AuthorKelly, William Joubert.
Committee ChairSmith, Kenneth J.
MetadataShow full item record
PublisherThe University of Arizona.
RightsCopyright © is held by the author. Digital access to this material is made possible by the University Libraries, University of Arizona. Further transmission, reproduction or presentation (such as public display or performance) of protected items is prohibited except with permission of the author.
AbstractThis study used Group Support Systems software tools to determine whether they can be used to develop or improve essential writing skills for learning disabled students at the third grade level. The research study used two processes to evaluate whether these outcomes could be achieved. Using the same group, participants initially were tested without any specific knowledge regarding written language disorders. The second series of testing was done after the same group had read three chapters on "Handwriting Disorders" (Bain, 1991). In both processes the participants used the same testing procedures to determine their responses to questions presented. In each session responses were evaluated to determine similarity to each other and whether this tool could provide evidence that Group Support Systems could be used successfully to develop essential writing skills for learning disabled students. In the initial testing, the no-knowledge group developed broad essential skills that, when compared with the knowledge group, served as general categories. When the participants were tested after having gained knowledge, their responses, while comparable to the no-knowledge group, were more specific. This influx of knowledge provides support for using Group Support systems and its software tools to develop effective essential skills.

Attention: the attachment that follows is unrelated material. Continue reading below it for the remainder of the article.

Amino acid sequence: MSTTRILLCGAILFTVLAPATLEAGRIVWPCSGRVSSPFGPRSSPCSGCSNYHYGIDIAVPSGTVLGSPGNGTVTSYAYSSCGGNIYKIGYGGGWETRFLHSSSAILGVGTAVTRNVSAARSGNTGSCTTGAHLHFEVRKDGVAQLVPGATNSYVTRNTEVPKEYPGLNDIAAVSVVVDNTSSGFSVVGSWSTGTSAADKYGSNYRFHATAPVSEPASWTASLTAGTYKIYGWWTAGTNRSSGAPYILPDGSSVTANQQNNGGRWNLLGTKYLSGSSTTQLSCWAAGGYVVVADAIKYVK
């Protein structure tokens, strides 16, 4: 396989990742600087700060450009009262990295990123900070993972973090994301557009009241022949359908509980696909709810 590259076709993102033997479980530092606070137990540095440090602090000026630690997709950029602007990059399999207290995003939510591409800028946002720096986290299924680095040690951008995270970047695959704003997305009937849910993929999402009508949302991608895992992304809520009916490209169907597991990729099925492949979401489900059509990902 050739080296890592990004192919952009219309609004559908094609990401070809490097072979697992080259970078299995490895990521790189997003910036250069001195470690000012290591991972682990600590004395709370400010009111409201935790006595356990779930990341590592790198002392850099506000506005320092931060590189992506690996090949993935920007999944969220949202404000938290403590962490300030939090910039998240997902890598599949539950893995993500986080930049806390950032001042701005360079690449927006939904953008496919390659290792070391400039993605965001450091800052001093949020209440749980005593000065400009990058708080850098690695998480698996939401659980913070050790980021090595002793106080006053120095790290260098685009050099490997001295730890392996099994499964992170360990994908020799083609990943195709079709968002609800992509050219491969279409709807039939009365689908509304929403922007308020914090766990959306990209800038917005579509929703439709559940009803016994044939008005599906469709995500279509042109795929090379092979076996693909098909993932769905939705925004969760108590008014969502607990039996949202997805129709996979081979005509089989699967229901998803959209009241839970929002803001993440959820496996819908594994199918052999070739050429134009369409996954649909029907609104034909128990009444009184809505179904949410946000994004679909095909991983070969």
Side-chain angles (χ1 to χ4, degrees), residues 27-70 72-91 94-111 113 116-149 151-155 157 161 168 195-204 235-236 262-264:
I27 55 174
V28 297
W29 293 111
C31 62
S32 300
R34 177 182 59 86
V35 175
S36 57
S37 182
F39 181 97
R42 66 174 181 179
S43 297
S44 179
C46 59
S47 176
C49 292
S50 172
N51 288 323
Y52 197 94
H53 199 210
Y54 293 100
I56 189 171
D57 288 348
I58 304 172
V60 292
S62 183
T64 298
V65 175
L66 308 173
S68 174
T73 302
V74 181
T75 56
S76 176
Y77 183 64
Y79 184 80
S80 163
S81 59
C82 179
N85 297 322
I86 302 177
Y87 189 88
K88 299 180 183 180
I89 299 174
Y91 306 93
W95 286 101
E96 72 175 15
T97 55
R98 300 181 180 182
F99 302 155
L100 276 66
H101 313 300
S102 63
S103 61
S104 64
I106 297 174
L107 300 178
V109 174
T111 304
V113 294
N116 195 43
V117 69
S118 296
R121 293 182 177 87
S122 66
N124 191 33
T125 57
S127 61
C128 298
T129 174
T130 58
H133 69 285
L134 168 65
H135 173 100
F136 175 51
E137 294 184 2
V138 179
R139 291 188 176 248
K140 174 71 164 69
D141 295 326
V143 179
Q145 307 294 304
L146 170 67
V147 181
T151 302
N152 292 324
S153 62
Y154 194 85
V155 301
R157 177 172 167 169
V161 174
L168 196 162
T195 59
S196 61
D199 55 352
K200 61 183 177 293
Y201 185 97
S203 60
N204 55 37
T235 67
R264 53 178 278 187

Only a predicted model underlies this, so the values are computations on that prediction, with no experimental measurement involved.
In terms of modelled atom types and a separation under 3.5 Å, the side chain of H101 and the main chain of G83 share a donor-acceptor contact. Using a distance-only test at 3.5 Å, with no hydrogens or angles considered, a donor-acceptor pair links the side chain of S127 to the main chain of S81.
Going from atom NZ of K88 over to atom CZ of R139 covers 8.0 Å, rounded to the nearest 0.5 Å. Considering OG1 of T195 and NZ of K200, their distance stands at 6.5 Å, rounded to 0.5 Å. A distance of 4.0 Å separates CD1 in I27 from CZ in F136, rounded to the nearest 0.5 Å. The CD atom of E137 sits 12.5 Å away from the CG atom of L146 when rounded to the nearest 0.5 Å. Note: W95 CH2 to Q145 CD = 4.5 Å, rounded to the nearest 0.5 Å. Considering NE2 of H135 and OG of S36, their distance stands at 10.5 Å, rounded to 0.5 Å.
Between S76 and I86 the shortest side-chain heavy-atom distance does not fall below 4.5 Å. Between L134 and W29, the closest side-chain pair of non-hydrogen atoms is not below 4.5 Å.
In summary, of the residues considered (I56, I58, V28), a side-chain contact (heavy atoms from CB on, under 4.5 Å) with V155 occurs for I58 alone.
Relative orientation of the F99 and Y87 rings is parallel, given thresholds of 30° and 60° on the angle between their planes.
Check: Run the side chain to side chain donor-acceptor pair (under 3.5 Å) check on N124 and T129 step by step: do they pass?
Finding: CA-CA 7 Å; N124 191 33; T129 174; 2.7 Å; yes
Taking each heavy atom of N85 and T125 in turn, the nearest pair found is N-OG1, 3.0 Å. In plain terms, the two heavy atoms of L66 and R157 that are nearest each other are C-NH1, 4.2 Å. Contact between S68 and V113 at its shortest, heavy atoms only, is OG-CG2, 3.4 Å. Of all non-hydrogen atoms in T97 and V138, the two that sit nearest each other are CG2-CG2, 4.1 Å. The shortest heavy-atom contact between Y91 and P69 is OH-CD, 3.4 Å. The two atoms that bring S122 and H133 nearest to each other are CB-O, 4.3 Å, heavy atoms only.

Degree ProgramEducational Administration and Higher Education